Ghanaian politics have once again come to the fore of international media coverage as Ghanaians await the results of the December 7 presidential elections. Two primary narratives recur every election season. Externally, international observers express hope for a peaceful democratic process, holding Ghana up as exemplary, a model of democracy in Africa.
Internally, Ghanaians reflect on pressing questions of corruption, development, and political representation, often measuring the state of the country’s economics against the vision put forward by the first president Kwame Nkrumah in the mid-twentieth century. For many Ghanaians, contending with inadequate infrastructure and a long-standing power crisis, the current cadre of political leaders has fallen short of Nkrumah’s vision of African unity, political sovereignty, and economic self-sufficiency.
As the election period demands that we take stock of Ghana’s development then and now, it is also important to highlight the diasporic focus of Nkrumahist thought. This core element of his philosophy long ago fell out of the discourse on Ghana’s place in Africa and in the world. Yet during his lifetime, Nkrumah was an ardent believer in the need for African unity in particular, and more generally a unified global black response to white supremacy. He argued that Ghana’s development and that of afro-descended people everywhere were intricately connected.
Black transnationalism was not an abstract concept for Nkrumah. He put it into practice through, among other actions, a sustained series of epistolary exchanges with black intellectuals, politicians, and activists around the world. For example, in August 1962 after he survived an assassination attempt, Nkrumah wrote to Cheddi Jaggan, Prime Minister of Guyana and affirmed the continental and diasporic scope of his political project. He wrote to Jaggan on August 23, 1962: “As you so rightly say, the forces of reaction will stop at nothing in order to stop Africa’s march to freedom and unity. One does not, of course, enter into a revolution such as ours without expecting violent opposition from those who do not want to swim with the flood.” Although Nkrumah mentions specifically African unity, his reference to “a revolution such as ours” suggests his inclusion of the Guyanese Prime Minister in this movement of black transnational solidarity.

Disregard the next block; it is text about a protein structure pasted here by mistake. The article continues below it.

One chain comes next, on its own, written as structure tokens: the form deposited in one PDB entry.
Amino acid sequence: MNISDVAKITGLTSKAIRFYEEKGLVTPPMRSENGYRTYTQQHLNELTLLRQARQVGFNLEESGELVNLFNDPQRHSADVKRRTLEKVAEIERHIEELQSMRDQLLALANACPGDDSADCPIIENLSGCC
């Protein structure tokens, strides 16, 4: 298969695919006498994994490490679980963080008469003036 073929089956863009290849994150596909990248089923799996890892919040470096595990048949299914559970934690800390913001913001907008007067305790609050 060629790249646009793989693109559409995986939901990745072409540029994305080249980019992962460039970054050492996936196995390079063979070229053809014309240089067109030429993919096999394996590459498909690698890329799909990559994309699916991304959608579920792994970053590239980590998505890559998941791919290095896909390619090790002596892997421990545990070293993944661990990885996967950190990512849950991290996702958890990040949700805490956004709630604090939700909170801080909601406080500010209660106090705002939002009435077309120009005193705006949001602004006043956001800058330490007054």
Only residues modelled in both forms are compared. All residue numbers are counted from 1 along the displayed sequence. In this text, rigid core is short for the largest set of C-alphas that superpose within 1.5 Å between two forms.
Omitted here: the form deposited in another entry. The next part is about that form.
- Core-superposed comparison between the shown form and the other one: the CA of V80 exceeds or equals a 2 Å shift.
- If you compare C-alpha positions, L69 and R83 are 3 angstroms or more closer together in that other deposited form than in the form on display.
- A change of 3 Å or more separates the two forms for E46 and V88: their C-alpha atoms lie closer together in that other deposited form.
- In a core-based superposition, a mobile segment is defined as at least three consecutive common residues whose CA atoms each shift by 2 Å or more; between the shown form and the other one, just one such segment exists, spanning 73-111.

What is perhaps most striking in Nkrumah’s language, however, is his description of agents of imperialism as “those who do not want to swim with the flood.” Almost ten years prior to Nkrumah’s letter, African American intellectual Eslanda Robeson had published an article in the New World Review titled “The Rising Tide” in which she employed a similar image to the same ends. She argued that white supremacist rhetoric about “the Yellow Peril…the Black Menace” revealed the fear of a growing global anti-imperialist movement in the twentieth century, or what she termed “the Rising Tide of Color.”
Robeson argued that these movements in Africa, Latin America, and the United States were an inevitable response to inequality and exploitation: “Now everybody knows that tide is a natural phenomenon. You just can’t hold back a tide. You have to adjust yourself to it, or be drowned. … It looks as though everybody everywhere better stop worrying about this tide, stop fighting it, and instead, accept it for the natural phenomenon which it is, and jump in and learn to swim.”
The similarity between Robeson’s and Nkrumah’s descriptions points to a shared language of liberation and struggle acquired through a transnational conversation. As part of this conversation, Robeson and Nkrumah exchanged letters throughout the 1960s. Their letters reveal the importance of establishing both personal and professional connections and relationships in order to maintain a transnational network of political actors and intellectuals.